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Space NASA

Growing Flowers In Space (nasa.gov) 44

An anonymous reader writes: This weekend, NASA astronaut Scott Kelly posted a picture of the first flower to bloom in space. The International Space Station has been home to the Veggie plant growth facility for almost two years, and scientists have been working hard to figure out how to keep crops alive in microgravity. It's a challenge to keep plants properly heated and hydrated, and their current specimens been attacked by mold as well. "More crops for Veggie are heading to the orbiting laboratory aboard SpaceX-8. The Veg-03 run will include two sets of Chinese cabbage, and one set of red romaine lettuce. In 2018, there are plans to launch dwarf tomato seeds to the space station. Smith said the lessons learned from growing zinnia flowers will be critical in the process of growing tomatoes, a fellow flowering plant. Studies are also in progress to see how adjusting the lighting in the Veggie plant growth facility can affect plan mineral composition. There will be preflight testing to determine what 'light recipe' to use aboard the station."
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Growing Flowers In Space

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  • This is important if we're to ever have long space flights.

    • by Anonymous Coward

      No shit Sherlock

      • The way you can tell is that the article mentions that their plants had been attacked by mold. Really? And why were mold spores allowed to come into the plant growth facility? This reminds me of a comment by the agronomist in the Biosphere 2 building in Arizona, which was supposed to be a test of the ability of humans to survive in a closed environment such as a Mars habitat. She said she spent two thirds of her time weeding the vegetable garden.

        There are lots of difficulties related to space agricultur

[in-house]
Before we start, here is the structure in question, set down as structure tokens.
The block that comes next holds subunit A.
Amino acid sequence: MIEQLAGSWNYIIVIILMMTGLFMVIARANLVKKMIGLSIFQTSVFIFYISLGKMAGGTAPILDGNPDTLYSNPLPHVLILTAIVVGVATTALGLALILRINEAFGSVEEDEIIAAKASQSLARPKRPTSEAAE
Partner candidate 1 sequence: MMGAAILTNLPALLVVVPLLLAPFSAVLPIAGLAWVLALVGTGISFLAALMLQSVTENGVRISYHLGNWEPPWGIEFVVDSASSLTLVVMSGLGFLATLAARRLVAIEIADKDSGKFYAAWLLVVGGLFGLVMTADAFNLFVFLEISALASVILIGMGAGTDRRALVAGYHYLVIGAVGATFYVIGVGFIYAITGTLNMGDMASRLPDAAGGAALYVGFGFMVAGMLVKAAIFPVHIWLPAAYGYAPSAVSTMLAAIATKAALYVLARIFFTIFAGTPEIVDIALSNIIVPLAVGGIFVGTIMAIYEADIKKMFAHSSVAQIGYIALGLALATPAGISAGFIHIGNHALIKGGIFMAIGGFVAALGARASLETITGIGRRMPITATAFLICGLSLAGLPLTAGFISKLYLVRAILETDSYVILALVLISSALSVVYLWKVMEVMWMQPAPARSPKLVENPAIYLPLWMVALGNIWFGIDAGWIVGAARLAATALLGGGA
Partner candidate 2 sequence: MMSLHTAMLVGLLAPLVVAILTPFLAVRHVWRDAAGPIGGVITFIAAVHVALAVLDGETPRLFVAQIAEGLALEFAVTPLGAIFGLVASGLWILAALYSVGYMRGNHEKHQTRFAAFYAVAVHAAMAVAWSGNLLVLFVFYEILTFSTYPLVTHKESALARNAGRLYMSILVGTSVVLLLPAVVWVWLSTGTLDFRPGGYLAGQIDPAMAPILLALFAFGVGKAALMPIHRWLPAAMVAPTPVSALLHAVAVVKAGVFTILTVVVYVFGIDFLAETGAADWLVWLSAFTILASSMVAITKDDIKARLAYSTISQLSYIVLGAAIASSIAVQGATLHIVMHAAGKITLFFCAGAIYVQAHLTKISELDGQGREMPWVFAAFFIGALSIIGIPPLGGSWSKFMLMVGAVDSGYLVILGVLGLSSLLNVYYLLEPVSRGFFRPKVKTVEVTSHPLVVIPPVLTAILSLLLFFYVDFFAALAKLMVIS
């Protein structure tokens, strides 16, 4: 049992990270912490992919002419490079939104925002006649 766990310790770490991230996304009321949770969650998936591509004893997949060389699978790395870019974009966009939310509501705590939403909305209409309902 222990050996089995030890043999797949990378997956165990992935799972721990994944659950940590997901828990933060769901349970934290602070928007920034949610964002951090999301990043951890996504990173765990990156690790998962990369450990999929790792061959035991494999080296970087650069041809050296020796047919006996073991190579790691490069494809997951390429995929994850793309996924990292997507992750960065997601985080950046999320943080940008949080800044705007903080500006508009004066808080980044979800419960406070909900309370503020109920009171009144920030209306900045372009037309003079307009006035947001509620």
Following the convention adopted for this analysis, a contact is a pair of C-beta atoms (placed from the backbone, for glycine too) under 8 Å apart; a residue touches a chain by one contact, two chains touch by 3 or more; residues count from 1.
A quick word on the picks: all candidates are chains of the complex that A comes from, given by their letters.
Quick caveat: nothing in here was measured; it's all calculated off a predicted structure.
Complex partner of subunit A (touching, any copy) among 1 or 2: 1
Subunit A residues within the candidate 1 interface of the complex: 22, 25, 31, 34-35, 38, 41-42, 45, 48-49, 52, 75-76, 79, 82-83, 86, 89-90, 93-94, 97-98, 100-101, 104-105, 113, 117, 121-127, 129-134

• by Anon-Admin ( 443764 ) on Monday January 18, 2016 @11:15AM (#51322093) Homepage Journal

          The way you can tell is that the article mentions that their plants had been attacked by mold. Really? And why were mold spores allowed to come into the plant growth facility?

          I take it you have never worked in mycology.

          You can't eliminate them, they are everywhere and in amazing quantities. Even in my ISO Class 100 clean room working under a laminar flow hood, I still get the rare unintended mold growth in a culture. Normally from a simple procedure mistake.

          You have mold spores on your skin, in your hair, on everything you own, etc.

          Just for the fun of it I set up the laser particle counter in my kitchen one day, gave an average reading of 6,954,652 particles, at a flow rate of 0.1 CFM, between .3 microns and .5 microns per cubic foot of air.

          • Indeed, and the spores are already floating around in orbit too. They don't even need to bring them in.

        • by drewsup ( 990717 )

          the ISS is a perfect mold growth meduim, damp, coolish in temp, why do think Mir was allowed to crash and burn, the mold was getting out of control.no matter how you clean, how much you inspect what goes in, mold spores are VERY hard to contain, I would think even cobalt irradiation of supplies wouldnt get everything.....

        • And why were mold spores allowed to come into the plant growth facility?

          LOL, what??? Are you joking??

          A quick google says that mold spores are 3 to 40 microns [ucf.edu].

          Allowed?? How the hell do you plan on filtering out everything on the 3-40 micron scale? From the same article:

          they are literally everywhere. There is no reasonable, reliable and cost-effective means of eliminating them from environments that humans inhabit. So, trying to control mold growth through the elimination of mold spores is not feasible.

          Yo

        • Do you really want to kill off all bacterias, microscopic mushrooms and whatever else? Assuming you can do it my uneducated guess is that your plants will die off.

          Perhaps the microbial life present on and inside humans will find its ways into interacting with the plants, maybe that'll help them, maybe they'll be worse off than with the original "pests" and "germs" you exterminated.
          Want to get rid of all that microbial life infesting humans? Then the humans die off.
          In fact poo transplantation is a medical pr

    • Or just get biology completely out of the mix and instead upload human consciousness into computers?. I'm sorry, but if we're really talking about long duration to trek the farthest reaches of space, even to planets such as Jupiter, supporting fragile biology doesn't seem very logical.

      • You cannot "upload" a consciousness into a computer. At the very best, you'll be able to make a copy.

        And if you happen to be able to makes a perfect copy, it means it will think like a human. Wouldn't a human mind go insane on a centuries-long trip?

        • I don't have the absolute answer to refute your comment; maybe you're right, maybe you're not. But I will leave you with the following question: If you had a machine that cloned a copy of you atom for atom as an exact replica, which version is "you"?